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Old 06-30-2008   #39
Join Date: Mar 2008
Location: Central Florida
Posts: 6
Default Re: Pairing Amps with Speakers

I'd say, first and foremost, keep your budget at the front of the list. When buying speakers and amps and all that good stuff, it is easy, very easy to get overboard, like a kid at a candystore.

So with that in mind, stick to manufactures that specialize in certain items. For example, JBL makes great loudspeakers, but their amps aren't as high of quality. QSC Audio has been making amps for a long time, so their amps are their best items, not their loudspeakers. Ect, ect, ect.

As far as speakers are concerned, there are different type of speakers and what ranges of sound they produce, and it all depends on what you're looking to accomplish. If you want boomy, bassy sound, go for larger speakers; if you want crispier sound, go for smaller speakers. I found that as far as quality is concerned, the more "-Way"'s the speaker (2-way, 3-way, 4-way, ect.) the better the sound. So you might what to have a pair of 6 1/2" 3-way speakers running between 150 and 300 RMS for your higher mids and high frequencies, a pair of 10" subs running at 250 RMS for mids, and a pair of 15-or-18" subs at 400-600 RMS for your rubbling, earthshaking bass.

Then for your amps, try to keep your amp power/channel rating over what the speaker can produce. For example, a 100 watt speaker should be pair with a 150 watt/channel amp. Reason being, you can always turn the volume on the amp down, it doesn't have to be 150 watts. This is VERY helpful in the case of the amp getting too hot and overheating or blowing out. A lot of the new amps have cooling features built in, but even with this, power is power, they still get hot. Think of it as maxing out your credit card, you don't want to do that, same way as you don't want to max out the power of your amp, especially over long periods of time. You technically can, because they are rated for that amount of power, but on the safe and logical side, its best not to.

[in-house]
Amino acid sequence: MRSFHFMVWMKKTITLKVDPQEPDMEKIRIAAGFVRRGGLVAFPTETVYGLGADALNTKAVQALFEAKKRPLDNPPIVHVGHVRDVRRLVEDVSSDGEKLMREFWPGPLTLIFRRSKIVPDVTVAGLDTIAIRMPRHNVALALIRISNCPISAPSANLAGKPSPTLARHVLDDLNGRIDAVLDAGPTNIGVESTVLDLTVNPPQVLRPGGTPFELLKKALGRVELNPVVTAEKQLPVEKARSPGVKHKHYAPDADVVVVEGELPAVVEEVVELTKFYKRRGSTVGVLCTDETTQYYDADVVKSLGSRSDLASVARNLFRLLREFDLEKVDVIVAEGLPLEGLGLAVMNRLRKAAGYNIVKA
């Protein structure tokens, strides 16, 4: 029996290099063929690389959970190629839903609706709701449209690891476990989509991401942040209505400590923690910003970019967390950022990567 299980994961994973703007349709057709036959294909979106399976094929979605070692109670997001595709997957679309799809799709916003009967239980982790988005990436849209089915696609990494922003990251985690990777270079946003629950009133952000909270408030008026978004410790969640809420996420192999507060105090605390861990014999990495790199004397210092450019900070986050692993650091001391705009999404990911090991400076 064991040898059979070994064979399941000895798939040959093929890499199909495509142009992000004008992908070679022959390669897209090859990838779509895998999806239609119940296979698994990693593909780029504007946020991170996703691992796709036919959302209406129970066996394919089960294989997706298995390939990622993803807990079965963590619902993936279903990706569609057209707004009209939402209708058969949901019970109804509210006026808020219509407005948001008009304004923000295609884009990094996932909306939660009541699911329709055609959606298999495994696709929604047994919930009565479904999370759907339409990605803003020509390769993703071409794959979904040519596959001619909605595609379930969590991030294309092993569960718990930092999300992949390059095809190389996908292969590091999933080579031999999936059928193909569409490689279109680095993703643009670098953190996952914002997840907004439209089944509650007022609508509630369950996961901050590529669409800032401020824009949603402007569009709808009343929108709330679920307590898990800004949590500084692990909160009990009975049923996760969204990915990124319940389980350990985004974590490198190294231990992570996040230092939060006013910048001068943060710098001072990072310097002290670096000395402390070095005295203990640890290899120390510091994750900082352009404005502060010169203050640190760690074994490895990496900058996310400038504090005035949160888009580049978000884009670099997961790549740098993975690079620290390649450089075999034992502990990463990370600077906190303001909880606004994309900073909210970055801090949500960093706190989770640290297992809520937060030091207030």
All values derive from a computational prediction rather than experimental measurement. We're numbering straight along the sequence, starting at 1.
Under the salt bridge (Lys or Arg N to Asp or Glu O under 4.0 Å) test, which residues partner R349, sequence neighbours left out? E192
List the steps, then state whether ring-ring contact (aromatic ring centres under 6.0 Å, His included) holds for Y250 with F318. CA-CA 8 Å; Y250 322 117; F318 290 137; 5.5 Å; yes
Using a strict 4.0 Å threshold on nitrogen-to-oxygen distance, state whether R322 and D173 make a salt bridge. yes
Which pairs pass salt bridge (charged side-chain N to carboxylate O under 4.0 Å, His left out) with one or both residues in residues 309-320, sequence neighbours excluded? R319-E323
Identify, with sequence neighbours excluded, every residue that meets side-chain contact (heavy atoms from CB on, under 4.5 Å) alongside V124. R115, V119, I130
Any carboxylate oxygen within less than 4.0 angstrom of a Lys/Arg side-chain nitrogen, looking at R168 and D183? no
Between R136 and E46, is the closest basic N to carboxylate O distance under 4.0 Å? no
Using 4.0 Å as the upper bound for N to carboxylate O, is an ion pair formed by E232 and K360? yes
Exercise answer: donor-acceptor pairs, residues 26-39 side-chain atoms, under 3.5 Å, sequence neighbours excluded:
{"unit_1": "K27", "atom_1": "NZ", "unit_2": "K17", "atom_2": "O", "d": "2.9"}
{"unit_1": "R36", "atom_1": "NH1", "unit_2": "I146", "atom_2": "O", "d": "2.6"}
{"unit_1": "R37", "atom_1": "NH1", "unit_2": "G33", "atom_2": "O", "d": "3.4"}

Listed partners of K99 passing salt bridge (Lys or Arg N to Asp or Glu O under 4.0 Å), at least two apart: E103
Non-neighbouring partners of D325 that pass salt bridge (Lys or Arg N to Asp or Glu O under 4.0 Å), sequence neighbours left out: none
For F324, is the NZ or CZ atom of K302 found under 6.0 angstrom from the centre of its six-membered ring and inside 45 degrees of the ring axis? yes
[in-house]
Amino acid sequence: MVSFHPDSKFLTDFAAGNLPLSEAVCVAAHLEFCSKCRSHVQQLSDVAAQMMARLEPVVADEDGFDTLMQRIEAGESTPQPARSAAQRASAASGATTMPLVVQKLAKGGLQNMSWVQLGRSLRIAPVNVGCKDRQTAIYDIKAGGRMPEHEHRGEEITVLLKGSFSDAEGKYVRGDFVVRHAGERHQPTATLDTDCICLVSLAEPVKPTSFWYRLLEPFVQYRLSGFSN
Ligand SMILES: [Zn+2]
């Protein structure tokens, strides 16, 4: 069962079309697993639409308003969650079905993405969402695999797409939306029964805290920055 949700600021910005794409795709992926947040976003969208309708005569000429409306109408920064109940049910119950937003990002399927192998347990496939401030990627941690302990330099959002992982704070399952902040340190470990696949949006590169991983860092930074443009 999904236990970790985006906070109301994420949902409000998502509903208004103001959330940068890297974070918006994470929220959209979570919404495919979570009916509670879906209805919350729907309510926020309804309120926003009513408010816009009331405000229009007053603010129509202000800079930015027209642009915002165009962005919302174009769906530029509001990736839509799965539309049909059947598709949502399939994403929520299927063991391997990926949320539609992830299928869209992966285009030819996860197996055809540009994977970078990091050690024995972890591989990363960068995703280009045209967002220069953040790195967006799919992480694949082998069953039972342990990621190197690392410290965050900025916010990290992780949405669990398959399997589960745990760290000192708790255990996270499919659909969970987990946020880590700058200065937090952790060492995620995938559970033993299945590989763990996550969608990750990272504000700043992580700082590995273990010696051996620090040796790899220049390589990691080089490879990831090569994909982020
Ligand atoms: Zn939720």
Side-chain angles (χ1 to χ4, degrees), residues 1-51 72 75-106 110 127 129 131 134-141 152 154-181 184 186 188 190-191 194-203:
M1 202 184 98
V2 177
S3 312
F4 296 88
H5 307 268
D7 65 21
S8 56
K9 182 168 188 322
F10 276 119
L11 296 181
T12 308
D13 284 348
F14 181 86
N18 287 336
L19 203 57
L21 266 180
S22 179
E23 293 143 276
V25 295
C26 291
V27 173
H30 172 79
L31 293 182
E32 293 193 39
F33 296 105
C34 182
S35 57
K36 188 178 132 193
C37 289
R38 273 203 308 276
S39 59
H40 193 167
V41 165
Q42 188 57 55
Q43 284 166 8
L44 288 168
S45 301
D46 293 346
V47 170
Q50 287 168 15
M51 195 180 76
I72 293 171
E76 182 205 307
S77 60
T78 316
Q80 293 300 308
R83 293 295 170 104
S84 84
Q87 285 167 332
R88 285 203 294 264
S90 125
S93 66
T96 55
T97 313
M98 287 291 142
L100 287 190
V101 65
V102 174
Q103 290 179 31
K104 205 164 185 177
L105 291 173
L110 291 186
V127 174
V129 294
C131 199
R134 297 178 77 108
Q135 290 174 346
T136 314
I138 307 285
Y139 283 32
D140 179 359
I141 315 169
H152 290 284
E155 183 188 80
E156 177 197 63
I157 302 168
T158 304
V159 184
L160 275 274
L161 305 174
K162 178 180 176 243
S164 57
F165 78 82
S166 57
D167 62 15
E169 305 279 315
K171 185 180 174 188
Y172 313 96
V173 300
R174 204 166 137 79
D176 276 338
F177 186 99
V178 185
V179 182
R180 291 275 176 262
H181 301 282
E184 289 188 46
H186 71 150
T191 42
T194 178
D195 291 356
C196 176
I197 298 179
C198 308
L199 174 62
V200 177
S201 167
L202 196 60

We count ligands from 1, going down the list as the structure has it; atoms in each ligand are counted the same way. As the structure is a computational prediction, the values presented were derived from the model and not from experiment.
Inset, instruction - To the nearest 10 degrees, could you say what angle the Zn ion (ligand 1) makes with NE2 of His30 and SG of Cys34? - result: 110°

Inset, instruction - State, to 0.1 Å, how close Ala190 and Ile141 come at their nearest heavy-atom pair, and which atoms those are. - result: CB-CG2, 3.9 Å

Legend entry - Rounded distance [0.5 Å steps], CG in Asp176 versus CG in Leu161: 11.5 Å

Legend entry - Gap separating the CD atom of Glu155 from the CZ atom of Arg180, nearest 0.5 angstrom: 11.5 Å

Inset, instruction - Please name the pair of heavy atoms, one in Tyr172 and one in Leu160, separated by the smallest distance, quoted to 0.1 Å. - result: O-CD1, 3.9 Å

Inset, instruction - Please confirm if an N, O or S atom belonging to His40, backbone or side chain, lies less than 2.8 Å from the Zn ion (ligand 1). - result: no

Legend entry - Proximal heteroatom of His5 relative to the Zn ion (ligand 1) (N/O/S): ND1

On a side note, when investing money into a system, you want to make sure you are getting everything you need. That includes power conditioning, surge protection, speaker wire, subwoofer wire, protection plans for the speakers and amps from wherever you by them (if they offer it, it is well worth it. if something goes wrong, service becomes expensive and very quickly). So there's all these other 'side' things to consider, unless you already have wires and surge protection and power conditioning.

That brings us to the first thought on the list, BUDGET! Bottom line, its going to take some research and some messing around with different combinations (this is where that math class came in handy in highschool :-D), before you figure out possible systems to meet your needs.

All you need to do is grab some paper and a calculator, make a list of what you want/need, and punch numbers until a system grabs your attention and is within your price range.
Ttone305 is offline   Reply With Quote